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Editorial

Lauren Yee’s Multi-Layered Play is a Chinese Puzzlebox

by Jean Schiffman

San Francisco Playhouse produces Lauren Yee’s newest work, “King of the Yees.”

It was spring 2014, and San Francisco-born playwright Lauren Yee was about to start writing “King of the Yees,” about her father, Larry Yee, an active member of Chinatown’s 150-year-old Yee Fung Toy Family Association. Just then, State Senator Leland Yee, a San Franciscan, was arrested
on felony racketeering charges. Later, Chinatown tong leader Raymond “Shrimp Boy” Chow was arrested for murder and corruption. Both, who are now incarcerated, became characters in her play, as is a version of Lauren herself.

The arrests not only affected what she would write but, she says, it also “impacted or changed the narrative of what my father’s community service meant.” He’d been a big political supporter of Leland Yee for 20 years because of the family association. Chinatown family associations, as explained in the play, were originally formed “when Chinese workers migrated to America during the Gold Rush and the building of the transcontinental railroad…[B]arred from bringing their wives and children, the men… formed clubs based on last names.” In the beginning of “King of the Yees,” we’re told that this is a play about “dying Chinatowns, about how things fall apart and how to say goodbye”—although by the end, the character Lauren has a somewhat different point of view on what the play really means.

“King of the Yees,” opening at San Francisco Playhouse, is “loud, exhilarating, overstuffed with stories,” says the playwright, on the phone from New York. It’s also a metatheatrical and wildly funny comedy that’s part fairytale, part heroine’s journey—a layered, unpredictable Chinese puzzle box of a play. In it anything can happen, as Yee notes, so one of her challenges was to decide upon the rules of that world.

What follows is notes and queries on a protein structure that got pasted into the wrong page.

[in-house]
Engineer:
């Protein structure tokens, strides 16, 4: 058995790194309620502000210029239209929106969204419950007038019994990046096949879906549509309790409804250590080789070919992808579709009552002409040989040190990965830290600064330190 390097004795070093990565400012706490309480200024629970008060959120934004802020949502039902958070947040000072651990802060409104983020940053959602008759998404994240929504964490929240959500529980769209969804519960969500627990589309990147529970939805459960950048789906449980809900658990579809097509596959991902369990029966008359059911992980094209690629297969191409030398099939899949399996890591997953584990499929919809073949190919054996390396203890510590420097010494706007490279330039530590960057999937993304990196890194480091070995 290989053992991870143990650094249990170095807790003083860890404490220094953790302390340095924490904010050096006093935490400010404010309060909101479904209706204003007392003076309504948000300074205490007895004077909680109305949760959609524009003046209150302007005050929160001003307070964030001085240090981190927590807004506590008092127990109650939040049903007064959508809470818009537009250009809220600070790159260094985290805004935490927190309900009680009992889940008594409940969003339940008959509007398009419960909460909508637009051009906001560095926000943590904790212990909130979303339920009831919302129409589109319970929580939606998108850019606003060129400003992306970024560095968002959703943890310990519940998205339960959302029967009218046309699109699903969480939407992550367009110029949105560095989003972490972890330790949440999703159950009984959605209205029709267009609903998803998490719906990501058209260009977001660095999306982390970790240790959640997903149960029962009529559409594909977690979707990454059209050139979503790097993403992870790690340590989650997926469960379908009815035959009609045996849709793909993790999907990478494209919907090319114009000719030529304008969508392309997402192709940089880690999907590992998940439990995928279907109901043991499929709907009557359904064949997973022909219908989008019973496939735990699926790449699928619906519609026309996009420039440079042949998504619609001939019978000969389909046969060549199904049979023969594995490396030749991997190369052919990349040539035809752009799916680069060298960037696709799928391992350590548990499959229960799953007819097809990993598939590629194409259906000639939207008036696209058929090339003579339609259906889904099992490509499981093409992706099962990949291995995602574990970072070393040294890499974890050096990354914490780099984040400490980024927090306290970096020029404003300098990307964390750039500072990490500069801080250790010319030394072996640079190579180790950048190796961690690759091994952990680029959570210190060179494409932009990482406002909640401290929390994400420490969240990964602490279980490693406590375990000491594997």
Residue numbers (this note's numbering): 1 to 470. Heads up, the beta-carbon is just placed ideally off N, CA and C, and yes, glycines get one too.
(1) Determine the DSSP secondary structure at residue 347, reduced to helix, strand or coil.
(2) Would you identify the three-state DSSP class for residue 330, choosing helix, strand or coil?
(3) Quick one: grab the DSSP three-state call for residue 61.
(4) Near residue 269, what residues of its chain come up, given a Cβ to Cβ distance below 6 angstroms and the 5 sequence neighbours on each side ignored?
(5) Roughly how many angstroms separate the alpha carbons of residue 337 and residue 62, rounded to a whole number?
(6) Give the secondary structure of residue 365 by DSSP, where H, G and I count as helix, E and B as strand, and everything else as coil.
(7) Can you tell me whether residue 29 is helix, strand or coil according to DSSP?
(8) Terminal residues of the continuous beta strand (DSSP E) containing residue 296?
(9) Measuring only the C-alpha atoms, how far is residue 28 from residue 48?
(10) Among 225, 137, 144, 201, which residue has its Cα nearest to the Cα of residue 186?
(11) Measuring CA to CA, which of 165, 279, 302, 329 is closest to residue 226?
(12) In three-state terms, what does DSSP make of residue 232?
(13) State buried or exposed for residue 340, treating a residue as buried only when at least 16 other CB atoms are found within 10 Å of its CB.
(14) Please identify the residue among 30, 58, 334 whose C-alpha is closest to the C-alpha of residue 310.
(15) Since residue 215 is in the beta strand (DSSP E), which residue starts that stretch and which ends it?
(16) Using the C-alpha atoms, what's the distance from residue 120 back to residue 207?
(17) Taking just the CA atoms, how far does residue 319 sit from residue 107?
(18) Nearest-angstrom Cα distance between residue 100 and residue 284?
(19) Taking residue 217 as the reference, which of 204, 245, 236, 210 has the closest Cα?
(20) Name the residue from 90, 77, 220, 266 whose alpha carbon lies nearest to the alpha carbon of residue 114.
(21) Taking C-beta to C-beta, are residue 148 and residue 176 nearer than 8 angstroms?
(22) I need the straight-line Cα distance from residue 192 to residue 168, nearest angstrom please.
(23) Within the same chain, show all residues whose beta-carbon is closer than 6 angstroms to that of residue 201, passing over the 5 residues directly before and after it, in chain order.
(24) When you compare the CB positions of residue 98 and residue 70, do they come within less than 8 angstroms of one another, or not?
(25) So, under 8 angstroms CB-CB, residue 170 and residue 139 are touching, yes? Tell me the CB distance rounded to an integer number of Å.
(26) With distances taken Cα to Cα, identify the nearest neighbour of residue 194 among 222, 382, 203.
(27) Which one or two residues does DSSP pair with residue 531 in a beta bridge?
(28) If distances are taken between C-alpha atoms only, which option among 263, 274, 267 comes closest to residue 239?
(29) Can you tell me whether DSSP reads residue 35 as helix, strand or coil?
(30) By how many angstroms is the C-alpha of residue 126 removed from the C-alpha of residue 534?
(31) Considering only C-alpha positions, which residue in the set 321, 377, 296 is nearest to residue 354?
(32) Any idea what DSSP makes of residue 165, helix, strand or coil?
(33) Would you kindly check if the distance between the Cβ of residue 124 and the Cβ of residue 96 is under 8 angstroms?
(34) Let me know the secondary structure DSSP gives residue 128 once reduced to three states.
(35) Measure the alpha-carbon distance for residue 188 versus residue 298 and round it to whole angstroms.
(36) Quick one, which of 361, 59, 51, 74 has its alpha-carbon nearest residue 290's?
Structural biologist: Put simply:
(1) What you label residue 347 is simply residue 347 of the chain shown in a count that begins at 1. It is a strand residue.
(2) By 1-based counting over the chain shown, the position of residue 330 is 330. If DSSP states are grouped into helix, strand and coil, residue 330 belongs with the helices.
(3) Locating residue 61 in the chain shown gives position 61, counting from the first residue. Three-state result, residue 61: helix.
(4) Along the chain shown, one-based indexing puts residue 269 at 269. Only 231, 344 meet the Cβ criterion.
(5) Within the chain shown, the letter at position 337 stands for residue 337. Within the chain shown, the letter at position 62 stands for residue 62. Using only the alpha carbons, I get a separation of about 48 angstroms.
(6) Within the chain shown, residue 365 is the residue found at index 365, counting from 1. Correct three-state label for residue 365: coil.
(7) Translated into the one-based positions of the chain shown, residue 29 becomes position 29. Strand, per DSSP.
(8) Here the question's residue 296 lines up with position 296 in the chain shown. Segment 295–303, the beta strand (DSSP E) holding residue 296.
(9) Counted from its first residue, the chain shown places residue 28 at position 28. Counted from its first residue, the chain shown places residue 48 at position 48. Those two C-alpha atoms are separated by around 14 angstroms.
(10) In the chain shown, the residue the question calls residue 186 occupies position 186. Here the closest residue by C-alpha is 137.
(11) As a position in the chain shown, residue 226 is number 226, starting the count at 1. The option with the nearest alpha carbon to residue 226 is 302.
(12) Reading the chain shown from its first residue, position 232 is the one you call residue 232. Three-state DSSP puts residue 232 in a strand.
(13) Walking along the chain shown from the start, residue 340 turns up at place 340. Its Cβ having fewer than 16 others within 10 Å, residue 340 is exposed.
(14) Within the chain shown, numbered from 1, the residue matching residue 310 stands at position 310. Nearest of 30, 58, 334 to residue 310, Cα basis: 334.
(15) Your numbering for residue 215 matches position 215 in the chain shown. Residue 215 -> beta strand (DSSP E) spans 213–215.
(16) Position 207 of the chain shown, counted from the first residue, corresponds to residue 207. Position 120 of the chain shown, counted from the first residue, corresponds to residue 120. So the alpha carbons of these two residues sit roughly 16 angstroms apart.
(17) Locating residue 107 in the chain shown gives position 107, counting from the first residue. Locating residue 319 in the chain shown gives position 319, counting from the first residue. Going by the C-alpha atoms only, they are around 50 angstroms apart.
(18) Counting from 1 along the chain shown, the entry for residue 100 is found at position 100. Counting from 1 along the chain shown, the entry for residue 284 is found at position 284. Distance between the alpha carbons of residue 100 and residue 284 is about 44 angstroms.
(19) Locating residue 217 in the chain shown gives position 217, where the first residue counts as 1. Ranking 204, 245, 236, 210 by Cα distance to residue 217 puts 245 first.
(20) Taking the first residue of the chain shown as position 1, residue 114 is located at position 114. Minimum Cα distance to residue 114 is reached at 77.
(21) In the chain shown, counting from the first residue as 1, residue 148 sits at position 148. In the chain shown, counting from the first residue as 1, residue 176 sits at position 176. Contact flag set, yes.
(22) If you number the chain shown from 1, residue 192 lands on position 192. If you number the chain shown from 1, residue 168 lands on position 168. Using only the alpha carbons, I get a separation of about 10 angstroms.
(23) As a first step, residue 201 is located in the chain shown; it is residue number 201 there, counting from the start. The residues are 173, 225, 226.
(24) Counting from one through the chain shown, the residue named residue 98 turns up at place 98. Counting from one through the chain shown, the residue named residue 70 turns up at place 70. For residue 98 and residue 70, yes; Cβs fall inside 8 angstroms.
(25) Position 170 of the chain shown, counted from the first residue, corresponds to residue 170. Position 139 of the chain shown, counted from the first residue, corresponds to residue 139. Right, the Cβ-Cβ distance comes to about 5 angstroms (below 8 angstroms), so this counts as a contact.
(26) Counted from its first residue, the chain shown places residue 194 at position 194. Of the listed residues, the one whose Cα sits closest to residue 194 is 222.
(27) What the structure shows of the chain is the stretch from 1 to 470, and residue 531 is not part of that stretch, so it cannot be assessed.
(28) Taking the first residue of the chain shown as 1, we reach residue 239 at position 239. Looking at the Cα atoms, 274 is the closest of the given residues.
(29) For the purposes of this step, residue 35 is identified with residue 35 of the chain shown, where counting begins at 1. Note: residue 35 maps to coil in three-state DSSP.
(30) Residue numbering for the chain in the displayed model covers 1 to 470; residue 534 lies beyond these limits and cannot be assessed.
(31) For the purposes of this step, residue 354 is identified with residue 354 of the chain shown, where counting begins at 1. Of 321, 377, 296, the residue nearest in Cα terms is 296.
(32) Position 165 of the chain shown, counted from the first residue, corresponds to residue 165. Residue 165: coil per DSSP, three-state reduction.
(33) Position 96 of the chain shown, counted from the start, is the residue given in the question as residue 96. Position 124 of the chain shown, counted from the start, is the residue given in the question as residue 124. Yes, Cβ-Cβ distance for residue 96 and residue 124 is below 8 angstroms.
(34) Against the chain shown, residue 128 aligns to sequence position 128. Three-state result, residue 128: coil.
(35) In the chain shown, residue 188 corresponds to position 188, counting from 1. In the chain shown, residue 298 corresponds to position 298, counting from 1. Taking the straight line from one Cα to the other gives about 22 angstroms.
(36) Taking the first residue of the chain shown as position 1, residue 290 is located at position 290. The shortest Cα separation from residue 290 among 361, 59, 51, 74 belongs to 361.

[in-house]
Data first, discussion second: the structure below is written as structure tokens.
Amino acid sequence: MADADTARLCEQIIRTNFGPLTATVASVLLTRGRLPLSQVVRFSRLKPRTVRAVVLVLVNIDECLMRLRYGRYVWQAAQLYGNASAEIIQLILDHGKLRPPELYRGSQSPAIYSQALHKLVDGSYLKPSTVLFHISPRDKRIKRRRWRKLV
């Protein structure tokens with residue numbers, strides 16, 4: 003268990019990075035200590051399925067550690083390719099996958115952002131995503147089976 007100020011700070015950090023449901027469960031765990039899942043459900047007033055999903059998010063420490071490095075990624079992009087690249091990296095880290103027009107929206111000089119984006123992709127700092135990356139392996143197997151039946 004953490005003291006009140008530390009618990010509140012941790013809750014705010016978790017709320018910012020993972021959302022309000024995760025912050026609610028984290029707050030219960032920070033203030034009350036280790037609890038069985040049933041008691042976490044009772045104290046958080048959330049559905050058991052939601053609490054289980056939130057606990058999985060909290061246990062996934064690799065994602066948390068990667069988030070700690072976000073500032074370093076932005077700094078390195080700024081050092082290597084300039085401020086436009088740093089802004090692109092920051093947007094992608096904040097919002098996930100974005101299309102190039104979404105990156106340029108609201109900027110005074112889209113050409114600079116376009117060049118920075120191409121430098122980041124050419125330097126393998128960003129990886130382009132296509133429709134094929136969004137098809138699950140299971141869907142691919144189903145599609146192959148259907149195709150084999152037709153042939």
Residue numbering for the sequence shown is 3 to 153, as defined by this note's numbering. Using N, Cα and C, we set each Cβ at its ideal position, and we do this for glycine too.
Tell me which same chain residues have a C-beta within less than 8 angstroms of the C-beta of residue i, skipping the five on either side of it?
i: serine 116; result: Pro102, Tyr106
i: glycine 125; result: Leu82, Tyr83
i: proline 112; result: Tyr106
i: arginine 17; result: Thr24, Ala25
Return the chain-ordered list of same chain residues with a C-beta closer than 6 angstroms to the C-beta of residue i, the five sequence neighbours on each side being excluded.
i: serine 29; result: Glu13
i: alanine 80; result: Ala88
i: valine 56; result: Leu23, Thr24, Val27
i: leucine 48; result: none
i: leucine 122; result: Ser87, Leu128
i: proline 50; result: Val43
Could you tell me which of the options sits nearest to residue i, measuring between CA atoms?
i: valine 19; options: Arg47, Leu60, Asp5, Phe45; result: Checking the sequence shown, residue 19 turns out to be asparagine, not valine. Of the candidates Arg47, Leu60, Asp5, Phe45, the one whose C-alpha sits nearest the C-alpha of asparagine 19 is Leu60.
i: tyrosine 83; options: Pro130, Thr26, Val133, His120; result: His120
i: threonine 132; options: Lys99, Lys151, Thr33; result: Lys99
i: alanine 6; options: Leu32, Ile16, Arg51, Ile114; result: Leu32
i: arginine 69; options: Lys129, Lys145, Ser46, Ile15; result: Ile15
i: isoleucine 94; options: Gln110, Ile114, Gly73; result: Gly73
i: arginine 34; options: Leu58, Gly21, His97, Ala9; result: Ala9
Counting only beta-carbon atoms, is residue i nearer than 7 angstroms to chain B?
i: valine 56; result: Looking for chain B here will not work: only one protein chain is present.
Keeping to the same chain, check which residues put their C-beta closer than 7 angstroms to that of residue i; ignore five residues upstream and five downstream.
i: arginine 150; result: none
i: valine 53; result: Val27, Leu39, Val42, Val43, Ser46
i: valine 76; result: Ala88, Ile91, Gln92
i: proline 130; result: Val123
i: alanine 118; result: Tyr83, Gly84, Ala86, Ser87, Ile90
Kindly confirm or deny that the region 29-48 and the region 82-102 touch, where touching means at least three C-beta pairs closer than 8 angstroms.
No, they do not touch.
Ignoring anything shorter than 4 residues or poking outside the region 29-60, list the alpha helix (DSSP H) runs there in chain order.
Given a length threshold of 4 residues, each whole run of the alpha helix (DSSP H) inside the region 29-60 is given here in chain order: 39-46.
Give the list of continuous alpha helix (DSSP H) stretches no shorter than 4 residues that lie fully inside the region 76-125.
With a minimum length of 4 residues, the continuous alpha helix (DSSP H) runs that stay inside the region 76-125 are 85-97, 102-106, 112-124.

In the five-member, all-Asian American cast, Lauren (played by Krystle Piamonte) and Larry (Francis Jue) are struggling to understand each other across a generational and cultural gap, and the three others (Jomar Tagatac, Rinabeth Apostol and William Dao) play actors who themselves are portraying various characters.

The real-life Lauren Yee, whose parents had moved from Chinatown to the Richmond District by the time she was born, says, “I have such strong feelings about San Francisco and the community I grew up in.” A prolific playwright, she estimates about half of her 10 or so produced plays have been staged here, starting with “Ching Chong Chinaman” at Impact Theatre in Berkeley and, at San Francisco Playhouse in 2015, “in a word” (“The Great Leap” comes to American Conservatory Theater in March). “I’ve grown increasingly interested in very specific communities,” she says, “worlds that require a lot of research and digging in and collisions of cultures…

“At the heart of [‘King of the Yees’],” she continues, “it’s about the difficulty of how to relate to your parents when you become an adult and have to put distance between you and your parents.” The Lauren in the play, like the real Lauren, has married a Jewish man and moved to New York; fictional Lauren is also considering moving to Germany and doesn’t know whether she’ll have kids (real Lauren was pregnant in late November).